Orange is good for nature and food, as it symbolises warmth, while red can translate to either love/passion or aggression, so use it wisely. Ultimately, choose colours with your audience and brand in mind, and keep it simple.
There’s no denying the importance of case studies and testimonials when it comes to your website. Unless you’ve managed to find the perfect niche, you’ll be competing against a number of other organisations who are all doing the same thing as you: some better, some worse.
What you need to do is to prove that you know what you’re doing, and while writing about how great you are is a step in the right direction, you want visitors to your website to read about how great other people think you are. Think about who you can approach to create case studies and testimonials that position you in the best possible light, and demonstrate why people should choose you over your competitors. And put these comments front of house on the homepage for all to see.
Call to Action
Before you start building your website, think about exactly what you want to achieve from the site. If the call to action is to get visitors to sign up for membership, for example, then make sure that they are able to do so easily. Make sure you give them the reasons why they should sign up, so that they know what it involves. Your call to action could be to get them to sign up to your newsletter, or to make a purchase: whatever it is, you need to be sure to make it easy for visitors to achieve their goal.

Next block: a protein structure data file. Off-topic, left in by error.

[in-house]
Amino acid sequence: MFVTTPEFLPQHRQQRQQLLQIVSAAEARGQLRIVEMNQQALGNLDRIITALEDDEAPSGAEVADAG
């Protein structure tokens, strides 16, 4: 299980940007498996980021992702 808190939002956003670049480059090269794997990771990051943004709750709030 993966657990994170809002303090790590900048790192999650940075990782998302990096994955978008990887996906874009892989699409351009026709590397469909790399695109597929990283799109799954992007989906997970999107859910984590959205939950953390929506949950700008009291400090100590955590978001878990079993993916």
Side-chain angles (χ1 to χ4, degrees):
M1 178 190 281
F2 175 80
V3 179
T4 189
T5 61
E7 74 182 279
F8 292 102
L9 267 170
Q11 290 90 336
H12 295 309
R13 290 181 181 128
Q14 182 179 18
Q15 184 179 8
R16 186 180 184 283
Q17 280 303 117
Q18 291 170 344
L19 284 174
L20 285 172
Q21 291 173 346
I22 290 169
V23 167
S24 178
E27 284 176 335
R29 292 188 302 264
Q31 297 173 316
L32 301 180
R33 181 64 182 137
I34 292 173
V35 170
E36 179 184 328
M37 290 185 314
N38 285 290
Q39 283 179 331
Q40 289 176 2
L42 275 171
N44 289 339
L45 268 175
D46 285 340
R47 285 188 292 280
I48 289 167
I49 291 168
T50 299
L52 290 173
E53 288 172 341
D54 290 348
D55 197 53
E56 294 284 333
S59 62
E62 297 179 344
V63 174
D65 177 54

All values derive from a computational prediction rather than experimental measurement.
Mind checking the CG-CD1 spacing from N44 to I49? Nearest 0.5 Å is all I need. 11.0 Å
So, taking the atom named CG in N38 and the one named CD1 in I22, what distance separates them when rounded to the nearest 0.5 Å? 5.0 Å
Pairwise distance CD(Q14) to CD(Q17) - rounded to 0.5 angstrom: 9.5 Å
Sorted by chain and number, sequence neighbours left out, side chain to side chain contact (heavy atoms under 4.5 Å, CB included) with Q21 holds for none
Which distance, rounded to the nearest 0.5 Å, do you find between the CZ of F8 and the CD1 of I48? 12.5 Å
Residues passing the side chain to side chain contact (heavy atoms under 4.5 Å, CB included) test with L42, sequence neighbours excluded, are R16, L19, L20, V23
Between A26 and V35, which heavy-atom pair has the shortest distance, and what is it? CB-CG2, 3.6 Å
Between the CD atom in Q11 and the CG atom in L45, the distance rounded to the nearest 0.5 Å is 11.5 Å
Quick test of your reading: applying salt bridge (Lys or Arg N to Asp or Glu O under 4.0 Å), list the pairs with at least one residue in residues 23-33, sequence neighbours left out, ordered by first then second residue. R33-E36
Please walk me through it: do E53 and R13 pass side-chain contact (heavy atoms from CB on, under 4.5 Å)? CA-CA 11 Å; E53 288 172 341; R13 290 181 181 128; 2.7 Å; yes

If you want a professional-looking website, you need professional-looking images to match. It’s now easier than ever to take photos on the go using smartphones and tablets, but a grainy phone photo just won’t cut the mustard. Photos don’t need to be professionally taken and edited on an expensive piece of kit, just bear in mind that the pictures you use are yet another way in which website visitors will assess your brand. You can also find free stock images on some websites if you’re looking to use photos of things that are quite common, instead of specific people, places or events.
Some of those who visit your website may never have met you before, nor had any contact with your organisation. In situations like this, it really is true that first impressions count. If your site’s littered with spelling or grammatical mistakes, website visitors may end up believing that your English is poor, or that you simply don’t care about the details – not a great first impression to make.
Check the Links
Once your homepage is live you need to check every link to make sure it heads to the right place: if these links fail when clicked, you won’t be making a great impression on visitors.
While it may seem like there’s a lot to do to create the perfect homepage for your members, it’ll all be worth it in the end. After all, would you rather have a speedy website that turns visitors off, or a more polished version that increases membership? The choice is yours…